Alms-Tax (Zakat)

Unlike many socialistic or capitalistic economies, Islamic economy is the one in which all kinds of people have their own right to financially benefit from their society. Therefore, a typical feature of this kind of economy is essentially social justice in which poor people are not neglected or excluded from the beneficiary circle of the society. Accordingly, Islam, the religion that even cares about animals and plants let alone human beings [i], has established some rules with regard to people who are suffering from deprivation; one of the most important of which is called “Zakat”.

Alms-tax (Zakat) is an obligatory rule, which is considered as one of the foundations of Islam [ii]. In a literal sense, Zakat means growth and purification while technically it is defined as “paying an exact amount of money that has become obligatory through the rules of Sharia in order to be used in favor of the people in need or for certain beneficial deeds in society” [4] in order to purify and cleanse one’s money or his incomes. Its significance becomes evident through many verses in the holy Quran, which sometimes consider it along with prayer (Salat) as a sign of true believers [5].

Alms-tax, Zakat, charity, money, Islam

Alms-tax (Zakat) before Islam

Despite the fact that the concept of Zakat had never existed in the full form that Islam offers, it is not the first religion which introduces Zakat as a kind of task that should be done for the benefit of the individual as well as the society. According to the text of holy Quran, Jesus Christ and Moses as well as Ishmael are among the prophets who recommended their followers to carry out this advantageous task [8]. In Bible, Christians are advised to help the poor financially: “Give to him who asks of you, and do not turn away from him who wants to borrow from you” (Matthew 5:42) and “But rather give alms of such things as ye have; and, behold, all things are clean unto you” (Luk 11:41). Moreover, the act of “Tzedakah” in Judaism, is a religious obligation which includes almsgiving as one of its manifestations [9]. However, in Islam Zakat is a compulsory rule while in others it is just a recommendation [3].

Rules and Regulations

The performance of this vital task is accompanied by many definite and specific criteria:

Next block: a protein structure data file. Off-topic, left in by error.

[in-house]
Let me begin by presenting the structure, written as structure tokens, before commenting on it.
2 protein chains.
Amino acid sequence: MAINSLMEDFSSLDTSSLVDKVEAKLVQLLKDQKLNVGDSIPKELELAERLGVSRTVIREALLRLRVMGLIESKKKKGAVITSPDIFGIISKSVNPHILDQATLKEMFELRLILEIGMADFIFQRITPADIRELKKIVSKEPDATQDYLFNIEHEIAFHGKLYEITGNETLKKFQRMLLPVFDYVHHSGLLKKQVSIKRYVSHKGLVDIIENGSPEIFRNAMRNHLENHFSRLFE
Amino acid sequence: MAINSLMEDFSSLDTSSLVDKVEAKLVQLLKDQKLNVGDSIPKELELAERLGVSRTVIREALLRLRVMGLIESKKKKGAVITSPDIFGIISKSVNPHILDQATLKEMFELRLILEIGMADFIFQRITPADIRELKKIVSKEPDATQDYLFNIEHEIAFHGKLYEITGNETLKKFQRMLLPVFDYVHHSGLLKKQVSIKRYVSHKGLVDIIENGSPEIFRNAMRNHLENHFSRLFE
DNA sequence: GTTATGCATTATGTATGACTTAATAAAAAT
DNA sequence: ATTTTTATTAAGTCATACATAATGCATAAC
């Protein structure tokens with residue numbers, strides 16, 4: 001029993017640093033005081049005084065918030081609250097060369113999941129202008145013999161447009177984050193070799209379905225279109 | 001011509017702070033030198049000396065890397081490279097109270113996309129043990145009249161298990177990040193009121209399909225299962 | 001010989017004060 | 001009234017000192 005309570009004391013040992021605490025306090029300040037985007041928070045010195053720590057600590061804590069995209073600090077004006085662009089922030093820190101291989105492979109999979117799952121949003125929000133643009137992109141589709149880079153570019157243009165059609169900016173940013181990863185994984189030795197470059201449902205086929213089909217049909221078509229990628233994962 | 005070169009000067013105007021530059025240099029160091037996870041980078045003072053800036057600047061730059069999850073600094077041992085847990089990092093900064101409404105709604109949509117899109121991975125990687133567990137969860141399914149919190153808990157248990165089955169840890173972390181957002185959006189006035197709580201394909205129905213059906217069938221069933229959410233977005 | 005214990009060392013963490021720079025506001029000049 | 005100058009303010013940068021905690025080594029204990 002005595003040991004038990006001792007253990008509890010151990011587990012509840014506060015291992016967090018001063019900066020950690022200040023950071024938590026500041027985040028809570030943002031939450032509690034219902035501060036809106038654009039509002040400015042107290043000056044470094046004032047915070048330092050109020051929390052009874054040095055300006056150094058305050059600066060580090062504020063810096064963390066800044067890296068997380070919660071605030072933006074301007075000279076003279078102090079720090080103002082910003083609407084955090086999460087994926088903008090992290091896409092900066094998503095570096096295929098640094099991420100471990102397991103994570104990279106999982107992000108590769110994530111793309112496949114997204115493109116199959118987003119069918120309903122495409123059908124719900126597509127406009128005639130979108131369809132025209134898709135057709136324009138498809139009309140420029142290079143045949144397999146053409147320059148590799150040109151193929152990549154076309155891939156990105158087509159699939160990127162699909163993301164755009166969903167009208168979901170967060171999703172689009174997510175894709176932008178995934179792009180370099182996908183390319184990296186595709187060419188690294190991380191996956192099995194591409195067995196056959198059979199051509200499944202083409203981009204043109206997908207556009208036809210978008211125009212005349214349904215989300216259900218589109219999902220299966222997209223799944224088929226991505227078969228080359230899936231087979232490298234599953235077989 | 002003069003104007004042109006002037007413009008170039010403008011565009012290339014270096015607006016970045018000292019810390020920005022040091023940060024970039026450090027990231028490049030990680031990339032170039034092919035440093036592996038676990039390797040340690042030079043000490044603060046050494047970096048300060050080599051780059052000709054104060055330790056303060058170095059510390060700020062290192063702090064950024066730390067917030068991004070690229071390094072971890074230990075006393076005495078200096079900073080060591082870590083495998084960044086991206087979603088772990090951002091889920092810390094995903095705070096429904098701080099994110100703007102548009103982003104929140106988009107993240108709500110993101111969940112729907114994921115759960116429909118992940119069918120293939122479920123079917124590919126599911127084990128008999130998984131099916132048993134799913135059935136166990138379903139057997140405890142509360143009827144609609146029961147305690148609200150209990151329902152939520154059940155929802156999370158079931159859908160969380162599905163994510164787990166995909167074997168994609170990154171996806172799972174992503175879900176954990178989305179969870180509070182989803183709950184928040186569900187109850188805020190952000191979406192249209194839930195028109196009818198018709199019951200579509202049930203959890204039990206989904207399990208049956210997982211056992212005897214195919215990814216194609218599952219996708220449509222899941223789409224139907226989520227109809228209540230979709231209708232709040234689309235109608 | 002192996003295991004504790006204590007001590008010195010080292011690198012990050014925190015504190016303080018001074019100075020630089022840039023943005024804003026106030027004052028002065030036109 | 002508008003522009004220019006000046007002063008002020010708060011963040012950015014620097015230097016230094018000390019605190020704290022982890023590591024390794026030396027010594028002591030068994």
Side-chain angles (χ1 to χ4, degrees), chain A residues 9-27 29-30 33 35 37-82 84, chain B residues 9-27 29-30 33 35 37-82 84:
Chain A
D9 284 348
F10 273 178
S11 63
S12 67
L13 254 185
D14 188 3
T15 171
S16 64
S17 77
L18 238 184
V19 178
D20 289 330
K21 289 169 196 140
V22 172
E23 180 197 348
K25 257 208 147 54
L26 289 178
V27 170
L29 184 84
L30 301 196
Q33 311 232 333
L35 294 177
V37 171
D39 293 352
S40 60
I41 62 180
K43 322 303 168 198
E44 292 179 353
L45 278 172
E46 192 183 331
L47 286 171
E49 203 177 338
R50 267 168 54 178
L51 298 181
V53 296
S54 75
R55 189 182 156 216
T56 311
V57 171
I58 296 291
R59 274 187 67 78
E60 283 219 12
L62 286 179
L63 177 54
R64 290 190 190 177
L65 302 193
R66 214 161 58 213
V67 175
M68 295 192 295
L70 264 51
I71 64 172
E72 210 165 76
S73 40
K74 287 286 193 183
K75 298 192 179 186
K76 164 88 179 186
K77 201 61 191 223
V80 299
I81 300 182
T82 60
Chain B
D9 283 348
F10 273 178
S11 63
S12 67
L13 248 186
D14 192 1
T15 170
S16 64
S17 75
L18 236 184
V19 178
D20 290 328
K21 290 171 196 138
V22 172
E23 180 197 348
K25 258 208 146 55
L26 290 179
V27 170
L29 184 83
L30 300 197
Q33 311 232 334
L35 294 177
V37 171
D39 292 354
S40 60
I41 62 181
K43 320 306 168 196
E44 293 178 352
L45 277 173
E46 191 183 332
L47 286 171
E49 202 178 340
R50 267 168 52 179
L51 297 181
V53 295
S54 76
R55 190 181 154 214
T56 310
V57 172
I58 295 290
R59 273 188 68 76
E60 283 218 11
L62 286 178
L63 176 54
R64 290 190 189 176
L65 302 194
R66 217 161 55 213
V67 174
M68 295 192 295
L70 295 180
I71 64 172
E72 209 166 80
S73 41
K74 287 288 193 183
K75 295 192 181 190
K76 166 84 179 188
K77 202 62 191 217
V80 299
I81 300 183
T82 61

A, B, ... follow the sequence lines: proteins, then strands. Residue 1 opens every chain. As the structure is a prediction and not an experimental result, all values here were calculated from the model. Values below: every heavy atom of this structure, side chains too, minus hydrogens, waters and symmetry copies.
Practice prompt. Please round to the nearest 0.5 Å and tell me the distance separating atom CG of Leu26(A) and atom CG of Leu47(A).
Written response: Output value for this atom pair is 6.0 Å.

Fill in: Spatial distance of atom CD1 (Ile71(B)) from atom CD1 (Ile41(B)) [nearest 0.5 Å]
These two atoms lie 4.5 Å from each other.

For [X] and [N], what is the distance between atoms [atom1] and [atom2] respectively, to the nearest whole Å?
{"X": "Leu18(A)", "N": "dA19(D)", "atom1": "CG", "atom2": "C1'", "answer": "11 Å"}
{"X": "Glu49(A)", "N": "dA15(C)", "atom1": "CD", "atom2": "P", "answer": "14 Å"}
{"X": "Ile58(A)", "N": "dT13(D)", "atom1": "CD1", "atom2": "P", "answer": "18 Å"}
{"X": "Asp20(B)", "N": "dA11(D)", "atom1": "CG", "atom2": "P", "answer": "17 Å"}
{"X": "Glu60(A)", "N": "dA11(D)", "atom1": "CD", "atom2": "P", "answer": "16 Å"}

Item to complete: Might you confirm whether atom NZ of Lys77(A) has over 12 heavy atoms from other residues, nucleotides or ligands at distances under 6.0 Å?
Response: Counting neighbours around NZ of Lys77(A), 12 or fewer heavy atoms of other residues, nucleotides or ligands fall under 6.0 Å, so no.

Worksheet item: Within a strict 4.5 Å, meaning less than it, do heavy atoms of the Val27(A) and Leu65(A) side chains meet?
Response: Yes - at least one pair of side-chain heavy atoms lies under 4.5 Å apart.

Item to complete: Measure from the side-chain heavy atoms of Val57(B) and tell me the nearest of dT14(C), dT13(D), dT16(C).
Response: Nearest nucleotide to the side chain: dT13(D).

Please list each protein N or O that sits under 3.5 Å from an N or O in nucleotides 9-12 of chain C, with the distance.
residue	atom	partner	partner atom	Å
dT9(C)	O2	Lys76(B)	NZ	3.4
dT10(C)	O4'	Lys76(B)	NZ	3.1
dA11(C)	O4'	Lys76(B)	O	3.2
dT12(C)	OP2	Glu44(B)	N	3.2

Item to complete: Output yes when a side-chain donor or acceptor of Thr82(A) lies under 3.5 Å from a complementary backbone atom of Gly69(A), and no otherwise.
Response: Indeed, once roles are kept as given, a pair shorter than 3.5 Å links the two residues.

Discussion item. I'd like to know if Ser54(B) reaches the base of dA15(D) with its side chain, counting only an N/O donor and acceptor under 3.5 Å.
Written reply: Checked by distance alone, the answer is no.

1. Who Is Capable of Giving Zakat?  

A person will be obliged to pay Zakat if he is grown-up, of sound mind and in possession of something.

2. Who Is the Perfect Candidate for Taking It?

A person is considered a good recipient of Zakat if he is living in poverty, in debt and cannot pay for it. Also, it can be used for public jobs such as building schools, hospitals, etc.

3. To What Products is Zakat Ascribed?

The amount of money that should be paid depends on the kind of the material through which Zakat has become obligatory; these are two kinds of metal- gold, and silver-, four grains- barely, wheat, date, and raisin- as well as three kinds of animal - cow, sheep, and camel. Each of the aforementioned products has its particular amount and time of payment which have been specified in details in the sharia of Islam [6]. Nevertheless, under certain circumstances and based on the needs of people at every time, other things – whether an object or a concept (e.g. Knowledge) – may be included to which Zakat is ascribed.

4. In What Manner It Should Be Given?

There are certain manners that should be carefully observed when giving someone Zakat; for instance, it should be given with complete contentedness, respecting the person who is receiving it, and also should be from the best materials at hand [3].

zakat, Islam, charity, alms

Why Do We Pay Zakat?

Aside from its financial benefits - purifying one’s money, preventing economy to be manipulated by a certain group of society and enabling neglected people who are taken care of to act as advantageous agents of society and have a job- , it will also purify and elevate one’s soul. This happens through collaborating and helping other members of the society which spread the spirit of kindness and affection, cause people to feel more attached to one another, form an unbreakable bond together and finally direct one’s attention to others’ needs rather than his own. Also it would relieve him from greediness and eventually make him a better person.

It is noteworthy that Zakat has been ascribed to those products that are provided for human beings through nature; most of the work has been done by nature for free and with the least effort of human beings. Of course his mental and practical effort is involved, but the main part is accomplished by nature. So in order to make up for this generosity, we would give away a very small amount of money to the ones in need.


[i]. It is known through a hadith said by Prophet Muhammad (PBUH) that watering a thirsty tree is like quenching thirsty Muslim with water [1].

[ii]. There are many hadiths that consider the skeleton of Islam to be founded on five practices: prayer (Salat), holy pilgrimage (Hajj), fasting (Sawm), alms-tax (Zakat) and guardianship (Velayat) [2].


[1]. Sheikh Al-Hur Al-Aamili. Wasail Al-Shia. Vol. 7.

[2]. Muhammad ibn Yaqub  Al-Kulayni. Al-Kafi (The Sufficient Book). Vol. II. Tehran: Masjed Publication.

[3]. Mohsen Qaraati. Khums and Zakat. Ahl al-beit's Maaref reasarch and publication institute.


[5]. 2:177,277- 4:162- 9:71


[7]. Morteza Avini website

[8]. 19:31, 55 – 2:43